As part of Cleveland Magazine's 30th anniversary celebration, the editors have chosen 52 of their favorite stories from the magazine's archives, and wish to share them with you.
A new story will appear every week at Clevelandmagazine.com. It might be controversial, comical, nostalgic or nonplussing. But it will be Cleveland.
From Cleveland Magazine, August 1975
The station: WNBC-AM in New York. The voice: Unmistakably Don Imus.
"Hello, ma'am. You are the sixth caller on the Great $66,000 Contest. YOU! ARE! THE! WINNER! Before I tell you what your prize is, I want you to tell the listeners who chose me to be the disc jockey on this show."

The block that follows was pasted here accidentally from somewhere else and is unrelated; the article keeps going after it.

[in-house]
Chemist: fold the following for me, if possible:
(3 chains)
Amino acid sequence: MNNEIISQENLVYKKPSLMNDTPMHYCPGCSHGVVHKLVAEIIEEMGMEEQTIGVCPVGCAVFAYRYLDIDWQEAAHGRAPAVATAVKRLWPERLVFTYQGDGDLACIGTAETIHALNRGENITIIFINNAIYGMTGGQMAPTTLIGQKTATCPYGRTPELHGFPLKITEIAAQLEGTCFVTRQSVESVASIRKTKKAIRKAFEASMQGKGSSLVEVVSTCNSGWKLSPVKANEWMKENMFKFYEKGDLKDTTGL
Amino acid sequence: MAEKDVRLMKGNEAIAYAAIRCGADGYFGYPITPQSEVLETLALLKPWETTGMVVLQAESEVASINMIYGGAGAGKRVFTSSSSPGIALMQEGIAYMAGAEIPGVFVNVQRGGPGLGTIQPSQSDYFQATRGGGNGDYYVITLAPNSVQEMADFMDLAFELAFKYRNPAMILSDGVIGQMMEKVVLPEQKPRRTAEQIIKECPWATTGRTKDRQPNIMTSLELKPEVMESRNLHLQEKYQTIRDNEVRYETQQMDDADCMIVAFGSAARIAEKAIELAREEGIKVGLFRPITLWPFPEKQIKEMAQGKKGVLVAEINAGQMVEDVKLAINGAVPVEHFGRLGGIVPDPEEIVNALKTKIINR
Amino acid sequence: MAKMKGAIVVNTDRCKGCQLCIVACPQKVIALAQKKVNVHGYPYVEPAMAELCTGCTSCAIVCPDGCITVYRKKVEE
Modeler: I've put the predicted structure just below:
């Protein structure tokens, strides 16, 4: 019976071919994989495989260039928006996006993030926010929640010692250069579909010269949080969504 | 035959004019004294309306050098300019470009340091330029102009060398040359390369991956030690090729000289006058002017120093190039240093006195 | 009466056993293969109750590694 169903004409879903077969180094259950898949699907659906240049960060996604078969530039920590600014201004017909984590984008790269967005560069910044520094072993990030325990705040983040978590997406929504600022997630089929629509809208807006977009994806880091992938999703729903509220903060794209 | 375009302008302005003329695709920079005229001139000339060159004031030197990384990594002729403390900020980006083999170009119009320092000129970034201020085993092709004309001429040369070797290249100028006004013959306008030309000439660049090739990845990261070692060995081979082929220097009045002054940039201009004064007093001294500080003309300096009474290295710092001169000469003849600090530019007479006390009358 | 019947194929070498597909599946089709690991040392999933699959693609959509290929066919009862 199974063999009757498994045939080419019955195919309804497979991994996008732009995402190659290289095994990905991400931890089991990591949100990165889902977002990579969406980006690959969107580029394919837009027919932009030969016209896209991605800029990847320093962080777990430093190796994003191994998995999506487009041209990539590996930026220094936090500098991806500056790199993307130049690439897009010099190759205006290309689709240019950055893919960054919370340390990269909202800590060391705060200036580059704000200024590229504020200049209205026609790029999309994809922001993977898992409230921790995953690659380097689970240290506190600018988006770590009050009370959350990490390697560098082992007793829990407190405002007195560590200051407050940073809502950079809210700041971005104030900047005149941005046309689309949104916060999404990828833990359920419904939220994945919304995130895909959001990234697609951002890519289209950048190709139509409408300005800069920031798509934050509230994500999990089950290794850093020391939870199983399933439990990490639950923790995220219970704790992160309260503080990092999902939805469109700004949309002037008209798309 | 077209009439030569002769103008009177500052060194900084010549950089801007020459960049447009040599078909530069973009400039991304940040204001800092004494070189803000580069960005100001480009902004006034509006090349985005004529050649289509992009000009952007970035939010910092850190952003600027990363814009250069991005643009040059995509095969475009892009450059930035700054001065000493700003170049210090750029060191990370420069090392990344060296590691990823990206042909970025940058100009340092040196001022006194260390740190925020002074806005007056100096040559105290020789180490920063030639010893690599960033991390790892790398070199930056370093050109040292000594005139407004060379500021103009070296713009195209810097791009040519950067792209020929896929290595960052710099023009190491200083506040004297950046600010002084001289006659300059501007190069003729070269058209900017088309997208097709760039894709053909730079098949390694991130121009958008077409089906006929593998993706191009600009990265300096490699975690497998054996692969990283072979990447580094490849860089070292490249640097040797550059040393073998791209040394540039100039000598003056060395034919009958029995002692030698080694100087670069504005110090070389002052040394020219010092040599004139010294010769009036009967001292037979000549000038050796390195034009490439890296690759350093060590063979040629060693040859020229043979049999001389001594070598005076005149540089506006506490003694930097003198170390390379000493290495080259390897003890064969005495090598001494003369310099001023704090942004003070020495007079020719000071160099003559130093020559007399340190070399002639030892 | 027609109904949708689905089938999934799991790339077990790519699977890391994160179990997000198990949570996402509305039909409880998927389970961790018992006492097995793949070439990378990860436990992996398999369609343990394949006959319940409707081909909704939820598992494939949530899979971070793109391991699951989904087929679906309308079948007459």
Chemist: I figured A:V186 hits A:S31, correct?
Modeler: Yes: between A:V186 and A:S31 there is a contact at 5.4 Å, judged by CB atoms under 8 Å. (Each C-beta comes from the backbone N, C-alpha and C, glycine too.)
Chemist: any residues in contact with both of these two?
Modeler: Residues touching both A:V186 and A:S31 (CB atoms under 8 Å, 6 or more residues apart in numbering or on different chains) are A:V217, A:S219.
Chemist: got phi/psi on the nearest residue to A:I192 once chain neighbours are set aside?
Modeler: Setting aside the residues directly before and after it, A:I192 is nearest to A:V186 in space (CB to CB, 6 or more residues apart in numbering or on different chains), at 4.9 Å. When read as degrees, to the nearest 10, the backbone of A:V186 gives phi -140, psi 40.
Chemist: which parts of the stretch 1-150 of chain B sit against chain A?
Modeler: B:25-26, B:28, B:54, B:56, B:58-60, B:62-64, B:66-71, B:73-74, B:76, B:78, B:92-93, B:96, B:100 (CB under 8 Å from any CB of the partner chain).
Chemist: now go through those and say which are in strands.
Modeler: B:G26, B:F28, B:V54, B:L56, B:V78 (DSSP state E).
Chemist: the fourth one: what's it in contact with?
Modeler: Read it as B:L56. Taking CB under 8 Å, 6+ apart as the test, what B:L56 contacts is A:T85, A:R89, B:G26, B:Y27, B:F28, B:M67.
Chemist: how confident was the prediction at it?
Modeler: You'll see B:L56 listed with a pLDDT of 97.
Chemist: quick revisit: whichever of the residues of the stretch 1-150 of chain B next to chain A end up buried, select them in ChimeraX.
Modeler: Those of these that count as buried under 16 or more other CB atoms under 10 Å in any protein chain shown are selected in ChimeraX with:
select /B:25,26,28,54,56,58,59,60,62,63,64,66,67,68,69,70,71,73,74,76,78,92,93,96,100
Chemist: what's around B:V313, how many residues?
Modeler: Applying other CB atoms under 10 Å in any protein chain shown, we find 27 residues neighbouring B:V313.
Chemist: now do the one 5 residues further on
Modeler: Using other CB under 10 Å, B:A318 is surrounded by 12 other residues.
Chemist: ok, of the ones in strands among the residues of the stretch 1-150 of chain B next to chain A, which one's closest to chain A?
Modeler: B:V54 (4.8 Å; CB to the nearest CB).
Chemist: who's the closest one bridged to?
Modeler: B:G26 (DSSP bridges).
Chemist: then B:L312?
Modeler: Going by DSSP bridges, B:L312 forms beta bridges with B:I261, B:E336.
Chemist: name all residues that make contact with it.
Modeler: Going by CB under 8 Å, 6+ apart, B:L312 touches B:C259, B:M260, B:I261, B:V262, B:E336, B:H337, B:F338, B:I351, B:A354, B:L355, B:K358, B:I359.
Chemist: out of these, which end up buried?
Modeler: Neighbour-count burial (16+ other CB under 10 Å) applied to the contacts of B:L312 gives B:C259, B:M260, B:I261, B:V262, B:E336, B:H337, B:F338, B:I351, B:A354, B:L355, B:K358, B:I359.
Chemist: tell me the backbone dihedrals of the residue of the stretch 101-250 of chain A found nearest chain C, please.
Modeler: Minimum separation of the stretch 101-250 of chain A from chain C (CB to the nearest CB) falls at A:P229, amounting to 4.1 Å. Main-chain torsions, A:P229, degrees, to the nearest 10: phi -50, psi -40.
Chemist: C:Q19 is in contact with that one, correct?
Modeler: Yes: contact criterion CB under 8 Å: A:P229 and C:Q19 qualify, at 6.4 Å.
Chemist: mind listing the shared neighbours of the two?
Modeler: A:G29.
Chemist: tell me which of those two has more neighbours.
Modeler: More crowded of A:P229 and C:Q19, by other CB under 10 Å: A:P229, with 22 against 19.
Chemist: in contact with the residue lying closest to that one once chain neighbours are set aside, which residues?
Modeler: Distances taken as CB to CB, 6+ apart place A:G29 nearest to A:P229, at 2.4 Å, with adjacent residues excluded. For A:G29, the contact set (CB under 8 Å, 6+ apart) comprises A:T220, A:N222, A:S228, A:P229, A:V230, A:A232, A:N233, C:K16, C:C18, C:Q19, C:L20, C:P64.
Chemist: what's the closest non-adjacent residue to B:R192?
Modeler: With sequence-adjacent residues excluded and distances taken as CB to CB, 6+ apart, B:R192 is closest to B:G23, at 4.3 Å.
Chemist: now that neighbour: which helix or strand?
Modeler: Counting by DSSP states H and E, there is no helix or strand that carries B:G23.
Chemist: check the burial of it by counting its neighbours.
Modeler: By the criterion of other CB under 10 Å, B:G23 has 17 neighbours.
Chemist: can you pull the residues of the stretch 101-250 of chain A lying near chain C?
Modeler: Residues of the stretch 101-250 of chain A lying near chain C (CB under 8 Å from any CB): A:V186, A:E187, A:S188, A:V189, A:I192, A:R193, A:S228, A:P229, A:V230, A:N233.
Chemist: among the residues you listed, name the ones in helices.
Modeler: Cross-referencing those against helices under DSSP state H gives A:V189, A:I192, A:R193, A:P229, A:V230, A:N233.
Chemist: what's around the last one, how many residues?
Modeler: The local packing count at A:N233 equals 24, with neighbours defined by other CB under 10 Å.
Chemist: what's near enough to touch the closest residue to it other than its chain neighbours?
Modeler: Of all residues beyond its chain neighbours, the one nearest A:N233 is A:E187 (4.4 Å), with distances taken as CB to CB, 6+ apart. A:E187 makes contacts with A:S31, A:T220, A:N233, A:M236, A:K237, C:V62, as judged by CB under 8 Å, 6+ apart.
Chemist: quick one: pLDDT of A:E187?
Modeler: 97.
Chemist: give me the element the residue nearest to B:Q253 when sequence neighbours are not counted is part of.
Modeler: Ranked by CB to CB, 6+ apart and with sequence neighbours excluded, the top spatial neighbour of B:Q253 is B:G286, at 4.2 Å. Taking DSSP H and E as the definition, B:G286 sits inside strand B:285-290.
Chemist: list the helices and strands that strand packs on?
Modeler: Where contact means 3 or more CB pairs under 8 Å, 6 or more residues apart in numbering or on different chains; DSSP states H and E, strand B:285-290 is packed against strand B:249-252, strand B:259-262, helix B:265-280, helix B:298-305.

"Oh, I don't know."
"God chose me, ma'am."
"That's right. You're God's Chosen Person."
"No, ma'am. I'm God's Chosen Disc Jockey. My personal life He's not that
Summer, 1975 CLEVELAND MAGAZINE'S Chosen Writer is tracking down God's Chosen Disc Jockey. Seven years ago Imus was a railroad brakeman and a frustrated country-and-western singer. Five years ago Jack G. Thayer, then general manager of WGAR Radio, brought him to Cleveland. Thayer had previously brought him to Sacramento, California, in 1969, aImus had been fired from his second radio job at a smalltown California station. It was also Thayer, now president of the NBC Radio Network, who convinced his precocious protege to create his stable of comic characters-Judge Hangin', Brother Soul, the Right Rev. Dr. Billy Sol Hargis. Like Moses in the Promised Land, Imus found milk and honey in Cleveland radio practically overnight, leading WGAR from ninth in the market to No. 1 in just three months.